Doctor Police? Have the Feds lost their mind?

Wisconsin can do better…

By Jack E. Lohman

Yes, we have medical providers and doctors that over-bill, or up-code (provide a low-level service but bill for a higher reimbursement code), and still others that fraudulently bill Medicare for services not even provided. They do it from their garage.

So the Republicans have suggested — and Obama has accepted — the stupid idea of establishing a new department of federal agents to sniff these out by pretending to be a patient and visiting unsuspecting doctors.

This is inefficient and ineffective, but nobody has ever accused the government of being smart. Some of these fraudulent billers are not even doctors, so whom would these agents visit? The garage? Some of these fraudulent billings originate from nursing homes where they put a patient in front of a TV set and bill for a therapy session. Or with a group of patients in front of the TV, and bill for group therapy. So do we admit these agents into nursing homes as spies?

Dumb, dumb, dumb…

The best way to eliminate these fraudulent billings is also the least costly. They should simply strengthen the whistleblower laws and require all Medicare providers to educate all employees, both new and old, on what Medicare fraud is and how to report it and their rewards for doing so. Report it first to management and if it does not stop, report it to Medicare and collect your reward.

The savings will come from deterrence. No hospital or clinic or nursing home CEO or physician in his right mind would ever allow fraud to begin with this employee oversight and reward system.

  1. Stop the fraudulent practices altogether by allowing the employees to become the eyes and ears, free of charge to the taxpayers.
  2. Deter it! Stop it before it occurs; not after!
  3. Eliminate the costly trials trying to get the taxpayer money back and the perps jailed.
  4. Eliminate the costly incarcerations that otherwise would have resulted.
  5. Eliminate the costly government department of undercover agents.

Can you imagine the savings to the government? President Obama, are you listening?

Are the private insurers safe?

No, government fraud is not alone in this. Defrauding private insurers and over-utilization rates are usually higher because (a) the privates don’t have as strict a fee schedule and (b) jail time is less of a concern. So private insurance rates should come down if this deterrent is put in place.

So where is the political money flow?

Well, there wouldn’t be. Hard to believe, but total taxpayer savings. Unless, of course, congress chooses to privatize the agents to a security company that kicks back bribes in the form of campaign contributions.

Nah, that’d never happen.  🙂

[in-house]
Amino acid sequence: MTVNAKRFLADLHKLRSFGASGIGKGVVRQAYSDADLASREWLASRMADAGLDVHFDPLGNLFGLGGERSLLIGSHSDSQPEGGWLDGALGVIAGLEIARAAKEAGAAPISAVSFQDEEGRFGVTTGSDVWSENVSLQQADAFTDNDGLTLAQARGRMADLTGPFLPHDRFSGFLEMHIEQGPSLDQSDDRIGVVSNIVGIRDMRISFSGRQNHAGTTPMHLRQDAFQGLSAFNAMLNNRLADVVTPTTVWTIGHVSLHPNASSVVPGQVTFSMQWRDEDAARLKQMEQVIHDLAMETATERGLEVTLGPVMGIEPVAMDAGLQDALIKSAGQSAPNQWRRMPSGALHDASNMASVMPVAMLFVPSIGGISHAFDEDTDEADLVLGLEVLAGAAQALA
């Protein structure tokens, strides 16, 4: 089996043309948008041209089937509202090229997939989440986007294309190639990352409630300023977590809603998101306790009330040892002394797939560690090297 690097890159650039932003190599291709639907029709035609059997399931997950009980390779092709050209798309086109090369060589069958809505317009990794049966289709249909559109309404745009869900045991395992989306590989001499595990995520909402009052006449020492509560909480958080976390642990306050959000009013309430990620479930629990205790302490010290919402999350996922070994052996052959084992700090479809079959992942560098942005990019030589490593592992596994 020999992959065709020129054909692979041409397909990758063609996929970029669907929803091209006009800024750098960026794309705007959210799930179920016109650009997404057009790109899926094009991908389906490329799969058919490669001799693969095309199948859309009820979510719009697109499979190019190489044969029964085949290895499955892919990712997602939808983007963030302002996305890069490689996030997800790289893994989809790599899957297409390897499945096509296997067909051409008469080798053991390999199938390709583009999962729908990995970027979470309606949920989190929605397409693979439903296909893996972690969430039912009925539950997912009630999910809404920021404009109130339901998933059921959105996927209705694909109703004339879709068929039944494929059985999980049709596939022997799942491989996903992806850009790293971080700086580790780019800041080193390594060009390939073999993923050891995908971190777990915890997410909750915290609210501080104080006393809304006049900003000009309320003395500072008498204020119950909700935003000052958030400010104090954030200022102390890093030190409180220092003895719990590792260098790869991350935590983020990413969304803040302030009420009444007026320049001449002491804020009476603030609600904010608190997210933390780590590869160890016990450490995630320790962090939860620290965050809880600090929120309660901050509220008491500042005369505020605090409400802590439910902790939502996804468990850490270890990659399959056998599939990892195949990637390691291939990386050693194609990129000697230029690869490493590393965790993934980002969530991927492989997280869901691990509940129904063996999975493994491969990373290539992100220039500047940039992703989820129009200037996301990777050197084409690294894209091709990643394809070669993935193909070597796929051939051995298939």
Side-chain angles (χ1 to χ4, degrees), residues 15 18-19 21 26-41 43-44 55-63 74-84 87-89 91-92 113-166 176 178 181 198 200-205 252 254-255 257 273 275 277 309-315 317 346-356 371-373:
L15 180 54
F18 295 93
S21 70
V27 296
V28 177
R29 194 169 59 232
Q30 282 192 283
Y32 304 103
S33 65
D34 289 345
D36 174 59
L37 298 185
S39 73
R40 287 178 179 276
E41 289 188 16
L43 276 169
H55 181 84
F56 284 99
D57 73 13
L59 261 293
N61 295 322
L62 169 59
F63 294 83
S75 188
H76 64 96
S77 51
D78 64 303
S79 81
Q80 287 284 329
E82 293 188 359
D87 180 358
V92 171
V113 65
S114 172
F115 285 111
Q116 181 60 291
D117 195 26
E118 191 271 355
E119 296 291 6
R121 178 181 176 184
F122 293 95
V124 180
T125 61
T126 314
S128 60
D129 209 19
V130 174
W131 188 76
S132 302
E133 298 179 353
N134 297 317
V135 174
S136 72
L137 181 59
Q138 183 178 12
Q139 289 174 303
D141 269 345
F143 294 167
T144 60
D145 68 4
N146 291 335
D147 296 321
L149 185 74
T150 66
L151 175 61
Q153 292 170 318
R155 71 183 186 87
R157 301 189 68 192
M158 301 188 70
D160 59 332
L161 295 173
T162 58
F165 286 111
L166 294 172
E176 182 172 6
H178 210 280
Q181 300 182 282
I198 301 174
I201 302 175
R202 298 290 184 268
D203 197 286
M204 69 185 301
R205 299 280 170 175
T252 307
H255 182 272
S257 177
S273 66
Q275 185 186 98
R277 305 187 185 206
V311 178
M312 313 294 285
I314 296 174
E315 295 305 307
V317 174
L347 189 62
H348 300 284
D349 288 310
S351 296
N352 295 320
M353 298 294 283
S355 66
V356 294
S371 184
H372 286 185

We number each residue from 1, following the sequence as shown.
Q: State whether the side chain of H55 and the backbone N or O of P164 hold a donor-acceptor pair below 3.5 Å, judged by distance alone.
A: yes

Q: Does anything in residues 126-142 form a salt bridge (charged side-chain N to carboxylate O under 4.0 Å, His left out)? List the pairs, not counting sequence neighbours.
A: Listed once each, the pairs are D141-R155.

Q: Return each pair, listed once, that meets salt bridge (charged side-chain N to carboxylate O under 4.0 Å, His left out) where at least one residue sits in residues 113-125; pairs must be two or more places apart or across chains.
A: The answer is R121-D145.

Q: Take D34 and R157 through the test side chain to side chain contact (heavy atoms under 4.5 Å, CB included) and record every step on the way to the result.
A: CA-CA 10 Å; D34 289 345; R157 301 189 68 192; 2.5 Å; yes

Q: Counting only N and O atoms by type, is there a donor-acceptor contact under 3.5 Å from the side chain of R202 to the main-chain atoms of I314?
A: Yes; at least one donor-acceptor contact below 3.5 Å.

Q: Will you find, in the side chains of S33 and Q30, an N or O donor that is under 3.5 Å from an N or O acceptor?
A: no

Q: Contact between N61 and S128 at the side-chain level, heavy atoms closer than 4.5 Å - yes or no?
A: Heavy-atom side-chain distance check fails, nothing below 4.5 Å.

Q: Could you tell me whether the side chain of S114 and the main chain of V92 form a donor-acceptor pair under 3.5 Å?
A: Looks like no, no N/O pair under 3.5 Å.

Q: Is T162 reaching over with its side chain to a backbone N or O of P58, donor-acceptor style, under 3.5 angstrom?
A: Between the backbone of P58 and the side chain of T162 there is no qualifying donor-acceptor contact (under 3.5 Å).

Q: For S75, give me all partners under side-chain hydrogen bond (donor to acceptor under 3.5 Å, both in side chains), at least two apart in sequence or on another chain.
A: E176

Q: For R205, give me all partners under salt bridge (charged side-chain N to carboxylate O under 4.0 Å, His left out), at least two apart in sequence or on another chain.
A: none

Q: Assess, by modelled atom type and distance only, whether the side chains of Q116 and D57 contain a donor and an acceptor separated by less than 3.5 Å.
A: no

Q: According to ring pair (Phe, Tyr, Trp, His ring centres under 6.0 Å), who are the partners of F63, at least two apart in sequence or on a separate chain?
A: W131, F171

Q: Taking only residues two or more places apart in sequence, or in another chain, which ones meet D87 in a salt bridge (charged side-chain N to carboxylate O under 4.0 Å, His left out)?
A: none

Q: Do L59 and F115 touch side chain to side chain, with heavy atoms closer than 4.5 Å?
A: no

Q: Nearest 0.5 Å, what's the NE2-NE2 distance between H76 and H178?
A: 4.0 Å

7 Responses to Doctor Police? Have the Feds lost their mind?

  1. This is one of the best ideas against fraud I’ve seen, and simple. This is going to bother me now when I see government going after fraud cases.

    It’s just too easy.

  2. Yea, but just think about the new (government) jobs that will now be created (at taxpayer expense, I might add).

  3. Jack – No doubt that strengthening the whistler rules would help – but I’m guessing you’ve never worked around nurses. The fact is the climate of intimidation & fear that exists in the clinical setting means precious few physician shenanigans ever get reported. Strengthening the ‘whistle’ would make but a micro-dent in the stunning volume of doctor-related crime. Very few people are willing to put themselves in the middle of a lawsuit with their own bosses – and they could starve while waiting for a trial with no guarantees. Two nurses in Texas recently reported an MD to the state, and found THEMSELVES on trial. You might want to ask them if they’d go through that again. The smaller the town, the worse the outcome, even if you are acquitted.

    The ‘secret shopper idea’ could be effective if well-implemented. One thing is for sure: Physician-related crime is rampant and – according to the U.S. DOJ – it costs 1/2 trillion a year to combat. We all know that money could be better spent.

    2,490 doctors were convicted of crime in ’09 alone – 11,000 in the last decade. It’s time to get creative, because it ain’t gonna get better by itself. Health Care Reform? Why don’t we just start by tossing out the lunatics, and not re-license doctors who rape, run drugs, steal from Medicare, perform unnecessary surgeries for wealth & murderers?

  4. […] doughnut hole over 10 years? Why not kill it today? Why hire undercover cops to sift for fraud when strengthening the whistle-blower laws will do it at zero cost to the taxpayers? Why hire more IRS agents when the people not paying for […]

  5. Thanks for the comment, Patrick, and an excellent web site you have. (Click on his name to reach his site.)

    Indeed all industries have bad apples, and you’ve noted them well. What were the two Texas nurses charged with?

    And yea, I employed nurses in my cardiac monitoring company, which I sold when I retired over six years ago. And for 25 years I suffered through their quirks. 🙂

    The whistle-blower recommendation is to serve as a deterrent to crime. Stop it before it gets started. All medical providers have turnover, and it is when the employee terminates that the provider must worry about getting turned in. Thus few physicians and providers will take the chance of getting turned in, knowing that any one of his employees could do so, and billing crimes will go down significantly.

  6. […] we just fix it right, once and for all, and then move on to fixing our economy? No new IRS agents, no new FBI agents, let’s use the infrastructure already in place… Medicare. And save $400 billion in the […]

  7. The new health care reform law includes some whistle-blower protections.

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